Monreal comes with sterling credentials having had more than 30 years experience in the aviation industry. He was the former country manager of Cathay Pacific who was responsible for operating its Manila and Cebu hubs. Both hubs operated with the professionalism associated with Cathay Pacific and this was reflected in its superior ground service and profitable operations throughout three decades. As the new GM of NAIA, Monreal is perfectly aware of the needs of the airlines and passengers alike.

A year and a half into his post and the NAIA has become a better airport in all aspects. The conflicting negative emotions we used to feel when traveling through NAIA have been replaced by sentiments of hope and appreciation. For this, the management deserves the nod of the public for their hard work and good management.

Laglag bala has become a thing of the past and so are chronic departure and arrival delays due to runway congestion. The airport experience is now more pleasant with better maintained facilities. No longer is NAIA among the worst airports in the world nor in Asia.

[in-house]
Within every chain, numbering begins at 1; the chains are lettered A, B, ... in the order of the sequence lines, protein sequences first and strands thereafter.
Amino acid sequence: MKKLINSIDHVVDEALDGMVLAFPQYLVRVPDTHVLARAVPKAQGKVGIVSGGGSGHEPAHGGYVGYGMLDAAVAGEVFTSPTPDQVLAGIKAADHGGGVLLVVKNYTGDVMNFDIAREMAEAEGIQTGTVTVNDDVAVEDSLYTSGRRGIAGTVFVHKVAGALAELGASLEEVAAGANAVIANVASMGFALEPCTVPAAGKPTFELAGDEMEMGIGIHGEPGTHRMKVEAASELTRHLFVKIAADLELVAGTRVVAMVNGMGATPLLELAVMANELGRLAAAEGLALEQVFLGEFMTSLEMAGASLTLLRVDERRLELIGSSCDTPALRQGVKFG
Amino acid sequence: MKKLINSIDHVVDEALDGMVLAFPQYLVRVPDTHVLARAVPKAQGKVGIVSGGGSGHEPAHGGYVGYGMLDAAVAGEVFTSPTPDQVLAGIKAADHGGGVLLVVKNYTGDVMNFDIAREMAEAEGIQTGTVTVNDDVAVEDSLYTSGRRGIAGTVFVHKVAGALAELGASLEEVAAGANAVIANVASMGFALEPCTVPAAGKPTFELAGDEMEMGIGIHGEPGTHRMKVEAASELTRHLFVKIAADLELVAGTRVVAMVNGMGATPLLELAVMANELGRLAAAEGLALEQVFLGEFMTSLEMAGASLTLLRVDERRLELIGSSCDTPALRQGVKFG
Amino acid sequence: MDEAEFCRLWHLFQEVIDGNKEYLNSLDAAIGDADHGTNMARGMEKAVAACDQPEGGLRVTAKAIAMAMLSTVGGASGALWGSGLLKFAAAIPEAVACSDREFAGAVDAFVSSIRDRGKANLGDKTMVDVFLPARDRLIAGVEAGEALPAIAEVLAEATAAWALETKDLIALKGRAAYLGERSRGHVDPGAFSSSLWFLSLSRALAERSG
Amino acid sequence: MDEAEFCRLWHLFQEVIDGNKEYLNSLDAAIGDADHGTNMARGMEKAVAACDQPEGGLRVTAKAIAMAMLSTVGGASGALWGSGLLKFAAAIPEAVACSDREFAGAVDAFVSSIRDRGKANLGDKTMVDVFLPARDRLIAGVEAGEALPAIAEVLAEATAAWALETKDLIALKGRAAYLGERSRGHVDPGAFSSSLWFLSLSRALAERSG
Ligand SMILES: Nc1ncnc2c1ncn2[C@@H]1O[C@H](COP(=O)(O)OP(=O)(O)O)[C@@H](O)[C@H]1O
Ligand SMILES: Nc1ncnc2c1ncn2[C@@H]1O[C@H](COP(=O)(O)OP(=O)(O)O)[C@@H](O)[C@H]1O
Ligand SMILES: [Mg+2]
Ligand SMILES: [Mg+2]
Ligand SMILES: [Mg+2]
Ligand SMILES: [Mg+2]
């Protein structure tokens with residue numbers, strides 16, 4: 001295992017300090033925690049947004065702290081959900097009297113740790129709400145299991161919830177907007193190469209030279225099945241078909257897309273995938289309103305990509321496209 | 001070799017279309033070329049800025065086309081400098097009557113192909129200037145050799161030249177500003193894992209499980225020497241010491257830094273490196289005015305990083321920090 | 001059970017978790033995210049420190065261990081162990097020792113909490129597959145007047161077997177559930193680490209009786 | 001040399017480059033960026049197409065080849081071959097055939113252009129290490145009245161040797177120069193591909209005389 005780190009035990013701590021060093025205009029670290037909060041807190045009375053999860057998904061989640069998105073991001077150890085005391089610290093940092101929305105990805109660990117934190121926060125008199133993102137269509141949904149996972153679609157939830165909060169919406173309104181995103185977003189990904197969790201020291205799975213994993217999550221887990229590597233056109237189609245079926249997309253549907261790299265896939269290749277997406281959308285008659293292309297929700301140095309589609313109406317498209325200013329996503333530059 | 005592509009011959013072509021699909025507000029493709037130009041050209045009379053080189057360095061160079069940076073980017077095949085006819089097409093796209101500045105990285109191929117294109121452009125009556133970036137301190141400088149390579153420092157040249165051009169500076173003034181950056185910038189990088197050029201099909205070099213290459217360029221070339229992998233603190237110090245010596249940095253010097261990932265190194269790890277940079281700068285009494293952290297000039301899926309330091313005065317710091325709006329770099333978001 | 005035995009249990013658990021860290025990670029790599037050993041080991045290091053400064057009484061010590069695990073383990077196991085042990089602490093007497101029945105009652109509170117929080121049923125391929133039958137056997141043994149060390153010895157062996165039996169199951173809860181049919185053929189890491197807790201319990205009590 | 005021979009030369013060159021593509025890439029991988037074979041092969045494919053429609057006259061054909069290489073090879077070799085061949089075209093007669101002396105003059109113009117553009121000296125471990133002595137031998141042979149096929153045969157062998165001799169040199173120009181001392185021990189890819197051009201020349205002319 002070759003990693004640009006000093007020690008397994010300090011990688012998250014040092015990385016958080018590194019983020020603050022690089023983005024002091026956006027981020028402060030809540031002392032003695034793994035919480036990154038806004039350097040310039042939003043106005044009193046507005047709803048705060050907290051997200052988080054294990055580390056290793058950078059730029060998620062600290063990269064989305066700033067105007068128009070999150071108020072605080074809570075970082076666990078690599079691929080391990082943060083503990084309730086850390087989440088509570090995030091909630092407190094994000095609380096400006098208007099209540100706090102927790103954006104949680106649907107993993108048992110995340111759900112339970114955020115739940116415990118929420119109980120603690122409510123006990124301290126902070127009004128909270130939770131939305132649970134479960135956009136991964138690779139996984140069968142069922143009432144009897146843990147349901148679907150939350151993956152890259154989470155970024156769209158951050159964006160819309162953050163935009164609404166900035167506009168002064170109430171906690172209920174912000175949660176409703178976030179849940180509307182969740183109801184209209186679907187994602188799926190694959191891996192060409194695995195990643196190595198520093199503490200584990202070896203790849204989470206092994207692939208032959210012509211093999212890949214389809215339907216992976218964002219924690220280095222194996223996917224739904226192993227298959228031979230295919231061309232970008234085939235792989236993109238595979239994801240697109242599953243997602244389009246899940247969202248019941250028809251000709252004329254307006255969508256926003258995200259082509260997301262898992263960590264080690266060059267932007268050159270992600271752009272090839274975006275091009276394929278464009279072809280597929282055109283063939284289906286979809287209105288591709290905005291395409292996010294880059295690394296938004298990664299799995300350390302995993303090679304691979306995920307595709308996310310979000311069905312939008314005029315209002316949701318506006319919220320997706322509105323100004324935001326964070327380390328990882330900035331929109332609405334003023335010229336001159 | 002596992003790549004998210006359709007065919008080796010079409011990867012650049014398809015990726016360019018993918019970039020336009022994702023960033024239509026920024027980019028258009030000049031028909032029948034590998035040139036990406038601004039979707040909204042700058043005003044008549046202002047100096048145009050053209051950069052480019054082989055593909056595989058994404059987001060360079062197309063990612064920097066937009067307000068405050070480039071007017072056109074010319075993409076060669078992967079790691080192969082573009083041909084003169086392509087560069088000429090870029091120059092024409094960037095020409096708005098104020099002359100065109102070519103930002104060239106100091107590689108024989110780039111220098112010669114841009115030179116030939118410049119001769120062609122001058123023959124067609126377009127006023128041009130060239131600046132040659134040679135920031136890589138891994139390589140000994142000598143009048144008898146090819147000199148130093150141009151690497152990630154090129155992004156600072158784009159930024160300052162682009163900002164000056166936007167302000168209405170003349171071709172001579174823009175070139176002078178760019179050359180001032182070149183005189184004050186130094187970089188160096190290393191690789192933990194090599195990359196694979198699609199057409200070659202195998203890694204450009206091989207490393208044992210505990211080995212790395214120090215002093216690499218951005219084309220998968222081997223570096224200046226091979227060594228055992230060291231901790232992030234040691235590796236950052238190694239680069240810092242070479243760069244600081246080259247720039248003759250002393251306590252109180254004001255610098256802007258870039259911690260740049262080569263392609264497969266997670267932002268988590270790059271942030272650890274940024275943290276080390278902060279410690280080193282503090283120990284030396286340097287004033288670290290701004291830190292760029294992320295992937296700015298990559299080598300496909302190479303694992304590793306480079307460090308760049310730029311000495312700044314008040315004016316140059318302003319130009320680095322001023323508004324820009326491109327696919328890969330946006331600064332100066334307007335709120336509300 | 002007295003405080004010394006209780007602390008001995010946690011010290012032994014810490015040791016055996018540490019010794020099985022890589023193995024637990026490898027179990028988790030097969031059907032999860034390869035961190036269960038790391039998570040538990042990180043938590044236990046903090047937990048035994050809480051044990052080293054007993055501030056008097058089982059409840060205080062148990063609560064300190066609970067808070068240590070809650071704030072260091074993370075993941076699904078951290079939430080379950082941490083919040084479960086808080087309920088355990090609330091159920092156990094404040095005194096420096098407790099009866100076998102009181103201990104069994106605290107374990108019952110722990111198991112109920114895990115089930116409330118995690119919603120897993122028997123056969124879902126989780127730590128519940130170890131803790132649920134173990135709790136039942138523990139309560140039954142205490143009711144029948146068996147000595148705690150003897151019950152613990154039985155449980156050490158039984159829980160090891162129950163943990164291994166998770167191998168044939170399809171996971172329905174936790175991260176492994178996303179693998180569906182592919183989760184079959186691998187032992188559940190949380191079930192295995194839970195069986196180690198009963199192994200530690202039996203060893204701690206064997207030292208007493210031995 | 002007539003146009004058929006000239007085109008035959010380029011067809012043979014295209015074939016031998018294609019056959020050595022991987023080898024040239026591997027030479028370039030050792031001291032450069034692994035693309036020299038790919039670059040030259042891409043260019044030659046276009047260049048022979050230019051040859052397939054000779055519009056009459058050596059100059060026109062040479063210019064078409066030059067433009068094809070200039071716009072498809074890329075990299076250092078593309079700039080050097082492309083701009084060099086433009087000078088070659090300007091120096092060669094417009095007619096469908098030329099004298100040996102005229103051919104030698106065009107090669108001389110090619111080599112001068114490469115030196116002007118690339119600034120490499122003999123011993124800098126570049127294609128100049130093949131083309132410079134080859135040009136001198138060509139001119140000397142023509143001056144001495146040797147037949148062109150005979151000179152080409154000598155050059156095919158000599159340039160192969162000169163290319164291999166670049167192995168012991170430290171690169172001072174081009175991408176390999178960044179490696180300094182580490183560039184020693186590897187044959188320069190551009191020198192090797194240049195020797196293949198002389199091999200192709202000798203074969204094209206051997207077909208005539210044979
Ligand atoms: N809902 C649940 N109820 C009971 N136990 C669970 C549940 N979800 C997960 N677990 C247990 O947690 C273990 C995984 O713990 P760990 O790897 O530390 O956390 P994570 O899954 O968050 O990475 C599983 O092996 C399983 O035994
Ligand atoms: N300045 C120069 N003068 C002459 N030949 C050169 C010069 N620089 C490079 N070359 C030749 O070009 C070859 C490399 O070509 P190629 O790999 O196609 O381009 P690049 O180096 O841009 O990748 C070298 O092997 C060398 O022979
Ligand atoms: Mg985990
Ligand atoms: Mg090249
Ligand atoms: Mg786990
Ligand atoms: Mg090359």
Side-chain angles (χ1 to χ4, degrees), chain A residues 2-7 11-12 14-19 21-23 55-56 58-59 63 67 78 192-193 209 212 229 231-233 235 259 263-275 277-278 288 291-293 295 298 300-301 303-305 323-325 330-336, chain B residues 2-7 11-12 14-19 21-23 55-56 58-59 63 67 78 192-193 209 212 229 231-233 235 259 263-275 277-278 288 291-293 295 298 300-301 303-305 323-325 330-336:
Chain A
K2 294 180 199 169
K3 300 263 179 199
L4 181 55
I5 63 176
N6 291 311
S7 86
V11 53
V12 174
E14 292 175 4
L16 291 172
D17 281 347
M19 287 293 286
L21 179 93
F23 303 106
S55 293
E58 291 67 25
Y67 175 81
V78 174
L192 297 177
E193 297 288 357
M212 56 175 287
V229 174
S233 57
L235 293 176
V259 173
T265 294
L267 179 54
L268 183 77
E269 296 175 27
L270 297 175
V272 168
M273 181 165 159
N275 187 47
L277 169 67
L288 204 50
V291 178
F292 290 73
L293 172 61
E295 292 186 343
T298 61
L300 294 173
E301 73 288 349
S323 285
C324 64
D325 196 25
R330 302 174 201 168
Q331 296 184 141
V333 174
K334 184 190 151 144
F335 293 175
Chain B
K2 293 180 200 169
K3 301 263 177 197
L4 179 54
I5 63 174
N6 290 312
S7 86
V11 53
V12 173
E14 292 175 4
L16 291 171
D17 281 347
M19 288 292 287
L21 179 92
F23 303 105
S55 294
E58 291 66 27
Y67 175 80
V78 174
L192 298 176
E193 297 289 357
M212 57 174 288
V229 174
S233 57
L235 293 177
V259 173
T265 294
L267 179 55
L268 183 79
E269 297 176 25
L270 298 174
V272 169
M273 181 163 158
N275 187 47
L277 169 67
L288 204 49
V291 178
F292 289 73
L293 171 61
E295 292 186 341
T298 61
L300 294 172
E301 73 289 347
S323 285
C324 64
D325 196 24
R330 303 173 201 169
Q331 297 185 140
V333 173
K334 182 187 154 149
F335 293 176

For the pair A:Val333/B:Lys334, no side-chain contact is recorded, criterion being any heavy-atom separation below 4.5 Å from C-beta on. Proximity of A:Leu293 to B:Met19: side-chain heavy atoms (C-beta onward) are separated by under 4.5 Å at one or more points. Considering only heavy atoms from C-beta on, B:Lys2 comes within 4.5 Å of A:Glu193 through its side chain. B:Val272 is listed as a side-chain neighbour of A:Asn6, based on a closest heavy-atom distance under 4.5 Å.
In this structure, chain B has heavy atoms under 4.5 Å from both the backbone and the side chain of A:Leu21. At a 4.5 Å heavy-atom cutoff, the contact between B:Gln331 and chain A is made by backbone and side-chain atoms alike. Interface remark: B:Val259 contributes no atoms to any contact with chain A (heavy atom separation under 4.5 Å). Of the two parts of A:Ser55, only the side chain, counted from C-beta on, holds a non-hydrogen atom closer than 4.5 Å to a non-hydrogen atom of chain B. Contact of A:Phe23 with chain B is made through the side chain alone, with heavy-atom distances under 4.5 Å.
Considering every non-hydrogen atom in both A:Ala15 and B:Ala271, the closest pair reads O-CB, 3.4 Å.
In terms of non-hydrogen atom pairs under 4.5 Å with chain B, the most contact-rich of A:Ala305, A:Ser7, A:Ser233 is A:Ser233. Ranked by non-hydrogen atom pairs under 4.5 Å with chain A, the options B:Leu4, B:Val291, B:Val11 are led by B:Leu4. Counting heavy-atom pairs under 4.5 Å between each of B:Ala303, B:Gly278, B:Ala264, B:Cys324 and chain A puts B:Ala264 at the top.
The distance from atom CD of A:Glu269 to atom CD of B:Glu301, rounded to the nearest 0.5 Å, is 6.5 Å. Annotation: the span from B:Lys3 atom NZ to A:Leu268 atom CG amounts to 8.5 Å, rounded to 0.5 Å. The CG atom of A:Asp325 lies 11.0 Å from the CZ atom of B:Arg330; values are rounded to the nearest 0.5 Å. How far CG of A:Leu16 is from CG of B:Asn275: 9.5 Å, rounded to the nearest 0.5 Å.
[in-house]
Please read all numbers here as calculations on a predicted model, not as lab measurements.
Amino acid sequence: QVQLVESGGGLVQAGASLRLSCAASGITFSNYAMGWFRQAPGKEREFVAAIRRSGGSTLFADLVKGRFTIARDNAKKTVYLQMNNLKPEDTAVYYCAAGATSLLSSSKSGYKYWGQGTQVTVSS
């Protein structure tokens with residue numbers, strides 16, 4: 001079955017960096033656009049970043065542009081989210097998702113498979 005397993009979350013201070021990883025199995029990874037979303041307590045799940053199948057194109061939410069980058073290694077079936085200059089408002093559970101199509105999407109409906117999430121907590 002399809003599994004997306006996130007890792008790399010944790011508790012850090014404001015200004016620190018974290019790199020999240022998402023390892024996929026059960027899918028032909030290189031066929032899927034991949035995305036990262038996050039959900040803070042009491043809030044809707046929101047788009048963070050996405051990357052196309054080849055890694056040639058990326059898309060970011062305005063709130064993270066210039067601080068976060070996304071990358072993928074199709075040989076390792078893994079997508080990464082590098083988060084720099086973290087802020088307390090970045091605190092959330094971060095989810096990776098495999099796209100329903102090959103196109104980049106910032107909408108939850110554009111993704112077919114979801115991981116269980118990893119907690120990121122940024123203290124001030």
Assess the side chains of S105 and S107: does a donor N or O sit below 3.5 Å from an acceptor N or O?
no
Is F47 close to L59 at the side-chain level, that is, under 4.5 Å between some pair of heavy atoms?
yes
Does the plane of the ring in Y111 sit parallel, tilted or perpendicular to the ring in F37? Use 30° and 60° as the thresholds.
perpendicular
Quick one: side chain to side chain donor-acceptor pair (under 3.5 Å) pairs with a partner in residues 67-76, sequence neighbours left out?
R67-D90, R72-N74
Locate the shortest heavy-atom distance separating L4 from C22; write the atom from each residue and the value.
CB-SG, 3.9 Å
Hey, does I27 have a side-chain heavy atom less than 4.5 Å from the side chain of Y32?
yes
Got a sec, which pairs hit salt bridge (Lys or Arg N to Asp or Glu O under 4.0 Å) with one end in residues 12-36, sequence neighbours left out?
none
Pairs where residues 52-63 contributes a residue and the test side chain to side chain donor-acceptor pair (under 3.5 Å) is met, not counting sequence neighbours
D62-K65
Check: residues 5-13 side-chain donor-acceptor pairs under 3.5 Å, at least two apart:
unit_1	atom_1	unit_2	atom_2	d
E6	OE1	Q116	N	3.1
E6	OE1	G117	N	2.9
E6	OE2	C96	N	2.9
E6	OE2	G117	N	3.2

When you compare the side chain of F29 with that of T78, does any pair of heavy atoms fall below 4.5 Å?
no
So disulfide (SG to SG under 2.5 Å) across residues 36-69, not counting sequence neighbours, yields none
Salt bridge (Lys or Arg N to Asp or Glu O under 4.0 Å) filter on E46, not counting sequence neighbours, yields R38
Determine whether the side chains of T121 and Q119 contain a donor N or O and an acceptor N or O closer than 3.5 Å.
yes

Today, it is ranked somewhere in the middle of the pack, ranked slightly lower than Jakarta’s Soekarno-Hatta International Airport.

As a frequent traveler using terminals 1, 2, and 3, I tried to put my finger on what exactly Monreal has done to make my airport experience a better one. I realized that it is not one thing but numerous seemingly minor things.

Nowhere is this more evident than in the resolution of runway congestion.

By restricting general aviation (eg. private jets and charters) during peak hours and by imposing a rule whereby pilots are disallowed from requesting clearance for take off unless they are prepared to do so within five minutes, on time performance for departures and arrivals have improved from an abysmal 47% to 82% today. This is on a par with most airports in Asia.

The flow of departing passenger through baggage X-Ray inspections to check-in and onward to immigration is now faster and painless. Simple reforms were done to make this possible.